• quoter provides simple transformations that could be alternatively implemented as a series of small functions. The problem is that such “little functions” tend to be constantly re-implemented, in different ways, and spread through many programs. That need to constantly re-implement such common tasks has led me to re-think how software should construct text on a grander scale. quoter is one facet of a project to systematize higher-level formatting operations. See say and show for other parts of the larger effort.
  • quoter is a test case for, and leading user of, options, a module that supports flexible option handling. In some ways it is options most extensive test case, in terms of subclassing and dealing with named styles.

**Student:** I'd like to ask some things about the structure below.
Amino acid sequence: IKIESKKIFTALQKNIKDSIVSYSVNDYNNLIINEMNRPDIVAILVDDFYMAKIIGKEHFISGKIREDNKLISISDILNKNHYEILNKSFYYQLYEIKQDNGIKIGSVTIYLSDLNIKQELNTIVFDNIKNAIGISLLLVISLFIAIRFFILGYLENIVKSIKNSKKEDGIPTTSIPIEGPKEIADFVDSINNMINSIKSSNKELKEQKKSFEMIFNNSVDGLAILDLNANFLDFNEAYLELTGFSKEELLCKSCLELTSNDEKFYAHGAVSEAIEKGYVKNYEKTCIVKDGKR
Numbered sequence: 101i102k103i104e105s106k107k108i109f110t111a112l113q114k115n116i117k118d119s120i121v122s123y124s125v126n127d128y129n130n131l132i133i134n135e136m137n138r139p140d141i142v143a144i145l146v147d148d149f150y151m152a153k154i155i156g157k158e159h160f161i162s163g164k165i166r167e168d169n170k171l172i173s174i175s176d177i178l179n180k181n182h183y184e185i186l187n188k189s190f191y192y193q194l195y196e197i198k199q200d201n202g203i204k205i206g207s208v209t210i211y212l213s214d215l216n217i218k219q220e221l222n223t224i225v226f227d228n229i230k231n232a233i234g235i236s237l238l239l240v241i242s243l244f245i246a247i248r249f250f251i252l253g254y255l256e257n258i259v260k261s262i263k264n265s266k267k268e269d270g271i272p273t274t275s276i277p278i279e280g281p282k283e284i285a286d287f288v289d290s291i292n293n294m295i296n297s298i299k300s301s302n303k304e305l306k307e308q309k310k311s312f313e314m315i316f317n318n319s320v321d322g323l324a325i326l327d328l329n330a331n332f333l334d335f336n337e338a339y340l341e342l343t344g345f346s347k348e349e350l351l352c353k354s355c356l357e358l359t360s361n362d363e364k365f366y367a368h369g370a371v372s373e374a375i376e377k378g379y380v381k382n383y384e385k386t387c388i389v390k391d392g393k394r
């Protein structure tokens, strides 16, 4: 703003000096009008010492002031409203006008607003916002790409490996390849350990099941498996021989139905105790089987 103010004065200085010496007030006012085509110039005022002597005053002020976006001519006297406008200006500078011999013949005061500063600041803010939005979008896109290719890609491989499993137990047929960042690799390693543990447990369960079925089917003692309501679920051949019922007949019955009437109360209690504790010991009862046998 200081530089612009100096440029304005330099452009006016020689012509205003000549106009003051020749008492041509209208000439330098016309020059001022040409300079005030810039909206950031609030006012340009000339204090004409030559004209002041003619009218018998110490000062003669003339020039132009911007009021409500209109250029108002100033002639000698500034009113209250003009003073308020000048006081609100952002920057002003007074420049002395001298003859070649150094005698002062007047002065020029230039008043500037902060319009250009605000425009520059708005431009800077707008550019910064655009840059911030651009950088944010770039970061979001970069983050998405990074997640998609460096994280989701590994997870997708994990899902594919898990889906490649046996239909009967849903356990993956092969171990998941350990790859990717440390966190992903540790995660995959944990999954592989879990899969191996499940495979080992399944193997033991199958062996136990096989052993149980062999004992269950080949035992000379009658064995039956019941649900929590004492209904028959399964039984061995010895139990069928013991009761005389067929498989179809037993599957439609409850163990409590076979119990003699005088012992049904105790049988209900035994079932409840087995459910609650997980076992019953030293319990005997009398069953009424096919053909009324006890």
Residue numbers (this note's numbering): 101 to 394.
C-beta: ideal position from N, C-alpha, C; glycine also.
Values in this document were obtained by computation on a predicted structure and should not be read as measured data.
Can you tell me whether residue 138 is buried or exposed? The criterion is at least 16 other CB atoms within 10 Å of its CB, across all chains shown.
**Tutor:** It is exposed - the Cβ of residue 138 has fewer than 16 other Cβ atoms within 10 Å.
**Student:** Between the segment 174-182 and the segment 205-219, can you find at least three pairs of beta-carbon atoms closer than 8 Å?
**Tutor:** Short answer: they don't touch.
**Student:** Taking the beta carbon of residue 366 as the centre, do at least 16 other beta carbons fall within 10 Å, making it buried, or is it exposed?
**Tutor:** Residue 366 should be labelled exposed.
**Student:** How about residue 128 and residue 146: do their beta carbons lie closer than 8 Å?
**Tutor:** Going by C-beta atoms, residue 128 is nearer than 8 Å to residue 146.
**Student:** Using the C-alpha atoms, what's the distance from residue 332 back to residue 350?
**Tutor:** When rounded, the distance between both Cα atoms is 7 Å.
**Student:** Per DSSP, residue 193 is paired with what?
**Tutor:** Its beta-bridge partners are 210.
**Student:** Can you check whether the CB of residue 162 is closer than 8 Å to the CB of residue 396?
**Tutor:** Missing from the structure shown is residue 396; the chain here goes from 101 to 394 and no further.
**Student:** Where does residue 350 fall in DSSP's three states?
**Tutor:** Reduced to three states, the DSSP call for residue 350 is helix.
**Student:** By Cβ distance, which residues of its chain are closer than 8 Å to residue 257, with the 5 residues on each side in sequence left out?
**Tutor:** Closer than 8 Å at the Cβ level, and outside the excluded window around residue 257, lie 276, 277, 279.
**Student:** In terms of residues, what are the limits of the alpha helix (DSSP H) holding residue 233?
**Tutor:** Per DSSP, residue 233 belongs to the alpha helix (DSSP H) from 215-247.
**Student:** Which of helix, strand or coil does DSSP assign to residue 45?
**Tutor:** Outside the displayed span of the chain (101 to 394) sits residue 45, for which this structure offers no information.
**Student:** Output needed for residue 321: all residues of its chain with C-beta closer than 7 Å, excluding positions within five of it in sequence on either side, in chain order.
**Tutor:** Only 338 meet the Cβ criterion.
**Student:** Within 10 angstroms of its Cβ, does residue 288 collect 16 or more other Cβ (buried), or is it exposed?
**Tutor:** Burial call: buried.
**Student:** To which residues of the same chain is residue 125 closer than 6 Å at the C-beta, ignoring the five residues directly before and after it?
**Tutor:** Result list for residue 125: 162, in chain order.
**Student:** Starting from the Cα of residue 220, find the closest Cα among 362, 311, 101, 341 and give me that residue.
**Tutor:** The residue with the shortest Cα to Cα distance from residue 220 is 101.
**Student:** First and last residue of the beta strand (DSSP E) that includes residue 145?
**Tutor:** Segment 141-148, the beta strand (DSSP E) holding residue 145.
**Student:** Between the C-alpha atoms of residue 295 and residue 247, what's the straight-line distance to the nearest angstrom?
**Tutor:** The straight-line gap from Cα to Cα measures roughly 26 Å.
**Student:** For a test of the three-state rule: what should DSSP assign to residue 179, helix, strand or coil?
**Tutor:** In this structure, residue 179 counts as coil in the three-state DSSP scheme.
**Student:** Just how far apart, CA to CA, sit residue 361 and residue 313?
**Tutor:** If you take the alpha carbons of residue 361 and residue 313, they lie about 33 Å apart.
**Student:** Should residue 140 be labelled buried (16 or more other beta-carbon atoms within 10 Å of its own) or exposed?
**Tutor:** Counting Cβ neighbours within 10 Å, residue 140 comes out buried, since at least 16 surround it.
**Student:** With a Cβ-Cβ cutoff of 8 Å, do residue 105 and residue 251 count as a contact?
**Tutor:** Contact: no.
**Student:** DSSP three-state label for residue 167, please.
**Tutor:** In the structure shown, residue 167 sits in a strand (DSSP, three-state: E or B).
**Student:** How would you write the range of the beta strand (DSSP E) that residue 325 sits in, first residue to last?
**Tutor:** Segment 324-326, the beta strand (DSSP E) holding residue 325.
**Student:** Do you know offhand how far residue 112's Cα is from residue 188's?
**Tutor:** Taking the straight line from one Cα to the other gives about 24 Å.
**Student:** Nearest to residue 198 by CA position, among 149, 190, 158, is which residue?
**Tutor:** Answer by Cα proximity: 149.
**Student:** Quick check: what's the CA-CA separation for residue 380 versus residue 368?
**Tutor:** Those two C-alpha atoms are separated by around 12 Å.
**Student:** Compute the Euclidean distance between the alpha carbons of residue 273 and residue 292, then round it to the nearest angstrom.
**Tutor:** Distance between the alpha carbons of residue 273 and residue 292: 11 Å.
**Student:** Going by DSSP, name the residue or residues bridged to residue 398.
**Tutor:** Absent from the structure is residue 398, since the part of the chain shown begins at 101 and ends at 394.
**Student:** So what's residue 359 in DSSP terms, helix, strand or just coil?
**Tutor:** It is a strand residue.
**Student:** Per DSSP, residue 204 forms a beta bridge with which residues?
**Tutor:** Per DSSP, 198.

• In the future, additional quoting styles might appear. There is already (limited, experimental) support for Markdown, and other languages such as RST are straightforward. It’s not hard to subclass Quoter for new languages. Some of the things learned in the say project about text block management (indentation, wrapping, and such) are highly applicable to the quoting mission.
  • You might look at some of the modules for ANSI-coloring text such as ansicolors as being special cases of the quoter idea. While quoter doesn’t provide this specific kind of wrapping, it’s in-line with the mission.
  • Automated multi-version testing managed with the wonderful pytest, pytest-cov, coverage, and tox. Continuous integration testing with Travis-CI. Packaging linting with pyroma.
  • Successfully packaged for, and tested against, all late-model versions of Python: 2.6, 2.7, 3.3, 3.4, 3.5, and 3.6, as well as recent builds of PyPy and PyPy3.
  • The author, Jonathan Eunice or @jeunice on Twitter welcomes your comments and suggestions.